On 26 June 2019, I submitted my PhD thesis, “Astir With Great Things: The Early Life of Katharine Susannah Prichard”. I started my enrolment at the University of Western Australia in August 2014, so it took me four years and ten months all up; I’ve enjoyed every day of it.
Early in my research, in May 2015, I had the honour of a residency at KSP Writers’ Centre as an emerging writer. The experience of living and writing at her old house was significant, the physicality of place—soil, timber, verandah, fireplace—as a counterpoint to the word traces of her I work with on the screen and in books. Since then, it has meant so much to me to be connected to KSP Writers’ Centre and have a community already interested in my research. This monthly column has given me a chance to share what I’ve found as I’ve gone; the recurring deadline has been a helpful spur to write. Another highlight has been the opportunity to give several speeches and readings at the centre over the years. Thanks to all of you at KSPWC for welcoming me into your community.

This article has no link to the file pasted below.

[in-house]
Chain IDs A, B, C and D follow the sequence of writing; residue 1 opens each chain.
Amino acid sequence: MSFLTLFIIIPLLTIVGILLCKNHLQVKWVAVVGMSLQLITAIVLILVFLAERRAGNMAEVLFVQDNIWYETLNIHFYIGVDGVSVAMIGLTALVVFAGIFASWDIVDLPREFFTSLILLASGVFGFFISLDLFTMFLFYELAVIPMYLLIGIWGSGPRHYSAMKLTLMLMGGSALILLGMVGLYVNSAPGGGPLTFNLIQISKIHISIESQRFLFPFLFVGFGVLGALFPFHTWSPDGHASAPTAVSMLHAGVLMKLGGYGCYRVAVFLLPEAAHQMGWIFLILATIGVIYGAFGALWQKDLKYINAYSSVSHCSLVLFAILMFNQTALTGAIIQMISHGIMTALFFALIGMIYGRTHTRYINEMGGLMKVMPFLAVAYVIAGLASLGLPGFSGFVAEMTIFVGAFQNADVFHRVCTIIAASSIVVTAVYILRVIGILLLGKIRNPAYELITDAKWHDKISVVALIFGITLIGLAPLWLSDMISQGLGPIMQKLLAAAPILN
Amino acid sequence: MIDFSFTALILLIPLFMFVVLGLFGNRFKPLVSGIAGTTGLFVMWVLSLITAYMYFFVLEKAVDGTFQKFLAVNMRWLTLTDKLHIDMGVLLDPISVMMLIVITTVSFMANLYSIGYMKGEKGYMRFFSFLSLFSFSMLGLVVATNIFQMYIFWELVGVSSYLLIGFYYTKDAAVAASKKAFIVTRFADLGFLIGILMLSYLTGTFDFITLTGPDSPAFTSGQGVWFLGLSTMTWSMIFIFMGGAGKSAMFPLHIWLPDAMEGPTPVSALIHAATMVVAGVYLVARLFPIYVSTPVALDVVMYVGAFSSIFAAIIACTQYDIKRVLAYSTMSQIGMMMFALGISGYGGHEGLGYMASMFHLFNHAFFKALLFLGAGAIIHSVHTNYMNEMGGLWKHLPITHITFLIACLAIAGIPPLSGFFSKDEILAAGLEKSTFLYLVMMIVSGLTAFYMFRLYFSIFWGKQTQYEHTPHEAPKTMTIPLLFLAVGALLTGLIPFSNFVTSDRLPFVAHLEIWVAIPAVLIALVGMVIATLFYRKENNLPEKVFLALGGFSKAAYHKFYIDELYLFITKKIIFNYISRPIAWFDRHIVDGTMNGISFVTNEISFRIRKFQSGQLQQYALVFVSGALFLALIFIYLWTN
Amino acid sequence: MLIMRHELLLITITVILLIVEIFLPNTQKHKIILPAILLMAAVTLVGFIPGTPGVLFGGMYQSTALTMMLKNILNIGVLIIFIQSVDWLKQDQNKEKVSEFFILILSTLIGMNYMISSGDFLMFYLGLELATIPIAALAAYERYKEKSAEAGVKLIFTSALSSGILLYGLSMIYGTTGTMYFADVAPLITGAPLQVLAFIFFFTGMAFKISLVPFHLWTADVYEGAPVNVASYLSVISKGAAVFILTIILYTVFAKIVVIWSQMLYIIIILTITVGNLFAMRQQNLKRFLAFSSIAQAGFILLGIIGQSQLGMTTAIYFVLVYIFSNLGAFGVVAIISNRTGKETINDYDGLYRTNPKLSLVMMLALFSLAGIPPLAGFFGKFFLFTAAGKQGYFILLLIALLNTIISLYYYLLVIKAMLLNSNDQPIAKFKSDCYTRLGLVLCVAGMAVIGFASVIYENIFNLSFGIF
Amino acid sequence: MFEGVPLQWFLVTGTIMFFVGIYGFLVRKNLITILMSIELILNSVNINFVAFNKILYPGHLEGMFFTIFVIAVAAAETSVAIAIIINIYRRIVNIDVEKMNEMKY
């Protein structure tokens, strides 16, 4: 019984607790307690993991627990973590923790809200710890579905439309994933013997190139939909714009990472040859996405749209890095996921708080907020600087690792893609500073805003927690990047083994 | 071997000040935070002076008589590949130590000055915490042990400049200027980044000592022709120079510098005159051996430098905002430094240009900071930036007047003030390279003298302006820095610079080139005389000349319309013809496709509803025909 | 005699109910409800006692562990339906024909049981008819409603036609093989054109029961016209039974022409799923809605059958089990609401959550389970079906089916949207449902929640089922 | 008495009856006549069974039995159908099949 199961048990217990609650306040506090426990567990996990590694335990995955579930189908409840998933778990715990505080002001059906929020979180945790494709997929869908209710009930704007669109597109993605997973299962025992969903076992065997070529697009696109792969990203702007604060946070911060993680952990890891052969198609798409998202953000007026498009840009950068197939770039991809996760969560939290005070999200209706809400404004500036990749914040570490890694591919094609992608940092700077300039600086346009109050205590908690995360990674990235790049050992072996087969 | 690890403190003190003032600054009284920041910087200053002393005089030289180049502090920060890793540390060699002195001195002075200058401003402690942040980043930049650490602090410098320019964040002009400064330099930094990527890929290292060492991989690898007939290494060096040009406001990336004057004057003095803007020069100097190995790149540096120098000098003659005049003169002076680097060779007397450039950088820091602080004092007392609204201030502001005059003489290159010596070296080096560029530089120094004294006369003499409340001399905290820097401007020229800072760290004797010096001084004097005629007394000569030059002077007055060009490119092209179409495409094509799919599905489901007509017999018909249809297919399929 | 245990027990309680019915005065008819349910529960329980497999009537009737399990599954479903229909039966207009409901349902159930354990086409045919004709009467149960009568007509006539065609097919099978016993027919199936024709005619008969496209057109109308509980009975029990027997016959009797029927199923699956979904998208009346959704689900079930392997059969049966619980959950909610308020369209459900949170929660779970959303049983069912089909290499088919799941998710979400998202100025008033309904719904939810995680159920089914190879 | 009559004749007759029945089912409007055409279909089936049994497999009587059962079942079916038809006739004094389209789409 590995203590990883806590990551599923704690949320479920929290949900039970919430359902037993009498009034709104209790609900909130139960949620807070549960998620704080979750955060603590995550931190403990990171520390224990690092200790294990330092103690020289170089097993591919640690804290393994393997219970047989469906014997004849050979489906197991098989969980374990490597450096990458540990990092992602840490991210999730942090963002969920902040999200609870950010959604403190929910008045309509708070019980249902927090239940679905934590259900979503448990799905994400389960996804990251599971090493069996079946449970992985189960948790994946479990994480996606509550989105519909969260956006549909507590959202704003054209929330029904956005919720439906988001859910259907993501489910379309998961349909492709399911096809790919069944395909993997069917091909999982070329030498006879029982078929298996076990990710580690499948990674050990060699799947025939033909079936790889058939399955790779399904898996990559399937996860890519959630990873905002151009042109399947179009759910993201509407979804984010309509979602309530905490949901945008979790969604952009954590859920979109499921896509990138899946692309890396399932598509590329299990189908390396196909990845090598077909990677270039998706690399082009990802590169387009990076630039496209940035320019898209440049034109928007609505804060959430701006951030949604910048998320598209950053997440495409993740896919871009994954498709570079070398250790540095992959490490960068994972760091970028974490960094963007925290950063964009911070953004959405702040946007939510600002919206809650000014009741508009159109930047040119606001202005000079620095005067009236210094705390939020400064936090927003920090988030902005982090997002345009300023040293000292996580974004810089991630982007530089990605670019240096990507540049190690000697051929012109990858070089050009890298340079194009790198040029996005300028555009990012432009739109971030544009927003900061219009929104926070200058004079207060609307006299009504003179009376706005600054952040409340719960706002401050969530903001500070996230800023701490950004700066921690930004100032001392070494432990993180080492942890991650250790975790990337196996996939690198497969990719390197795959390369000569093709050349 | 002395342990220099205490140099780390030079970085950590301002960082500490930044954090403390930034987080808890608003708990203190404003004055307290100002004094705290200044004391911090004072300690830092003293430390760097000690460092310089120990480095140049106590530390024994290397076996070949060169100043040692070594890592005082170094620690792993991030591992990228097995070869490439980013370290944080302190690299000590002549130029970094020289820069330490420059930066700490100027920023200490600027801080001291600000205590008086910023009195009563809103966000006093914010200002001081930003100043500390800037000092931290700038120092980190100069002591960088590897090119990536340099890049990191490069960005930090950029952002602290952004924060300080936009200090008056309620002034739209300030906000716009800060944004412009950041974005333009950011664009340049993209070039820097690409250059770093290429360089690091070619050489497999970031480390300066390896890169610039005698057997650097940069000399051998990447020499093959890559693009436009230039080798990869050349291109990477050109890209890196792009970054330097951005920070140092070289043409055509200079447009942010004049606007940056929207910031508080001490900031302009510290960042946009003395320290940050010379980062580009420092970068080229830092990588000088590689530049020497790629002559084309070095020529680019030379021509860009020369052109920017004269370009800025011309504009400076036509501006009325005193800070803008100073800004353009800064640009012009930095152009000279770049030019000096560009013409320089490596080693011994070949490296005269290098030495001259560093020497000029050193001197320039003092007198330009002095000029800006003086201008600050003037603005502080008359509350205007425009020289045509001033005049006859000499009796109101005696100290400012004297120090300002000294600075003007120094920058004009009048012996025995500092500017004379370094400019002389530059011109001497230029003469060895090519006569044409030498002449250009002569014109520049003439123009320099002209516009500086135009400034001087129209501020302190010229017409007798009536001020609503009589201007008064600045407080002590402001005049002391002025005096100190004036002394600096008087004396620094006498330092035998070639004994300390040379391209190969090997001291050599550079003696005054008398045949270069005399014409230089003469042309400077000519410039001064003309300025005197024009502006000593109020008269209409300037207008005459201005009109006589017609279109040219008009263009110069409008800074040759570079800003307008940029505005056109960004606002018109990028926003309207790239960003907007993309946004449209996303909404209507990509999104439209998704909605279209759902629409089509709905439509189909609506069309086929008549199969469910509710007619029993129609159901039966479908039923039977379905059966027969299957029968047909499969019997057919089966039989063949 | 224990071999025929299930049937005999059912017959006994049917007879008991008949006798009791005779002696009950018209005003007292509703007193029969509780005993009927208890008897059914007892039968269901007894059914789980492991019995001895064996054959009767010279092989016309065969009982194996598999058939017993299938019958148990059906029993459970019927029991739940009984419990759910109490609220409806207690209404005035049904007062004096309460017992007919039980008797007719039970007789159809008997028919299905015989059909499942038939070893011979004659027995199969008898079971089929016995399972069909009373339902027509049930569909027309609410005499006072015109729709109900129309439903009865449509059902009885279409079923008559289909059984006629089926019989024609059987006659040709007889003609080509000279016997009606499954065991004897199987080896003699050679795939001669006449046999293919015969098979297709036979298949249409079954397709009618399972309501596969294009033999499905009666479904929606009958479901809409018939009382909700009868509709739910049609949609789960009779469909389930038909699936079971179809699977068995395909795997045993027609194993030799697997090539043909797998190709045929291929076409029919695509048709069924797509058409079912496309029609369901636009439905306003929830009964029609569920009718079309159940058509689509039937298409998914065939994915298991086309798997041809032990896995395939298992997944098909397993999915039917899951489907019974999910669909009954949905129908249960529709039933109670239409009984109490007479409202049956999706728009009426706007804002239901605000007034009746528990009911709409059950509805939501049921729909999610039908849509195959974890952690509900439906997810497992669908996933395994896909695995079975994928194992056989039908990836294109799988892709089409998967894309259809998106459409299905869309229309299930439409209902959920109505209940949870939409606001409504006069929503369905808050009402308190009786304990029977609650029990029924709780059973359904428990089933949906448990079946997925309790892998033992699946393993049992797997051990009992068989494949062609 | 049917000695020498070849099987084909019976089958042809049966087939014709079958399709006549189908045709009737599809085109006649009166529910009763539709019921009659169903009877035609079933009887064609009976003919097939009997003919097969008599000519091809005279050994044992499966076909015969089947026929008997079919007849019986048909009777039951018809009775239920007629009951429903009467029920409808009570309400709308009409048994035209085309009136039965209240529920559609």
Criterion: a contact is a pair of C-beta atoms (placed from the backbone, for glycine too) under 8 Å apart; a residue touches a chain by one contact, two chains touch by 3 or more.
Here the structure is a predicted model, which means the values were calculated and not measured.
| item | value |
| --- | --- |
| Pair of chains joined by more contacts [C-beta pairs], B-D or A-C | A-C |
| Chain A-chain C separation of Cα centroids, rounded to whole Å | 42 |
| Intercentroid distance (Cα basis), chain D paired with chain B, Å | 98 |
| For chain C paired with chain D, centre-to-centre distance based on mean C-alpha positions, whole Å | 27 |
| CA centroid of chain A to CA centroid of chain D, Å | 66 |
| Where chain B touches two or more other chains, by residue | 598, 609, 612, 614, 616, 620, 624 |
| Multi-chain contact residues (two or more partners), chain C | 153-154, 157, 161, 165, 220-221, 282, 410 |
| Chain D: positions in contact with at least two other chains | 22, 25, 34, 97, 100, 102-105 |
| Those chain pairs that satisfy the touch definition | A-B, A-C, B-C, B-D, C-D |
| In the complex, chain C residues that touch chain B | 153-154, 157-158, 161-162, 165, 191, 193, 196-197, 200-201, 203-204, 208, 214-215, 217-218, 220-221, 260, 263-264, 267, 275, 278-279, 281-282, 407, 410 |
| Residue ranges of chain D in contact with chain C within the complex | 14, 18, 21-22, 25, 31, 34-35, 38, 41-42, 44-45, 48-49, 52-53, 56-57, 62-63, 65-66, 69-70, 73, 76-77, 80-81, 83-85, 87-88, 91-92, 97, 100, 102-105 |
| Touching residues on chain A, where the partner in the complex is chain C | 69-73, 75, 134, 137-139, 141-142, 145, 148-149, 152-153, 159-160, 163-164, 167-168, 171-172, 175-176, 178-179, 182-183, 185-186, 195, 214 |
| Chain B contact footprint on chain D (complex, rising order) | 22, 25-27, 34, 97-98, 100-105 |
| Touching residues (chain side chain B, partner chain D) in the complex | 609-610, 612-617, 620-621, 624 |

My thesis (with some further cutting and rewriting) will eventually form the first third of my full length biography of Katharine. It tells the story of Katharine’s life from her birth in 1883 to her marriage to Hugo Throssell in 1919, capturing a different Katharine from the one we’re familiar with—her evolving political beliefs before she was a communist; the centrality of Melbourne to her formation before she moved to WA; her romances before she married Hugo; her struggles before her literary breakthrough. I’ve found a lot of the research involves joining the dots, connecting sources which haven’t been connected before. The advent of Trove’s digitised newspapers has made a huge difference, revealing so many new things about the daily life of Katharine throughout her years. My title comes from a 1908 article where Katharine wrote that Australian literature ‘has reached the adolescent stage—it is astir with great things; growing daily in power and freedom’.
In effect, not much changes for me. In a few months, I’ll receive the examiners’ reports, and hopefully, after some corrections, will have my thesis accepted and receive my doctorate. Perhaps it’ll open some doors, perhaps not. In the meantime, I’m carrying on with the biography. I’m currently in 1935, with 1941 and 1950 already completed, leaving quite a few years to go.
- More about Katharine on Nathan’s blog at https://nathanhobby.com.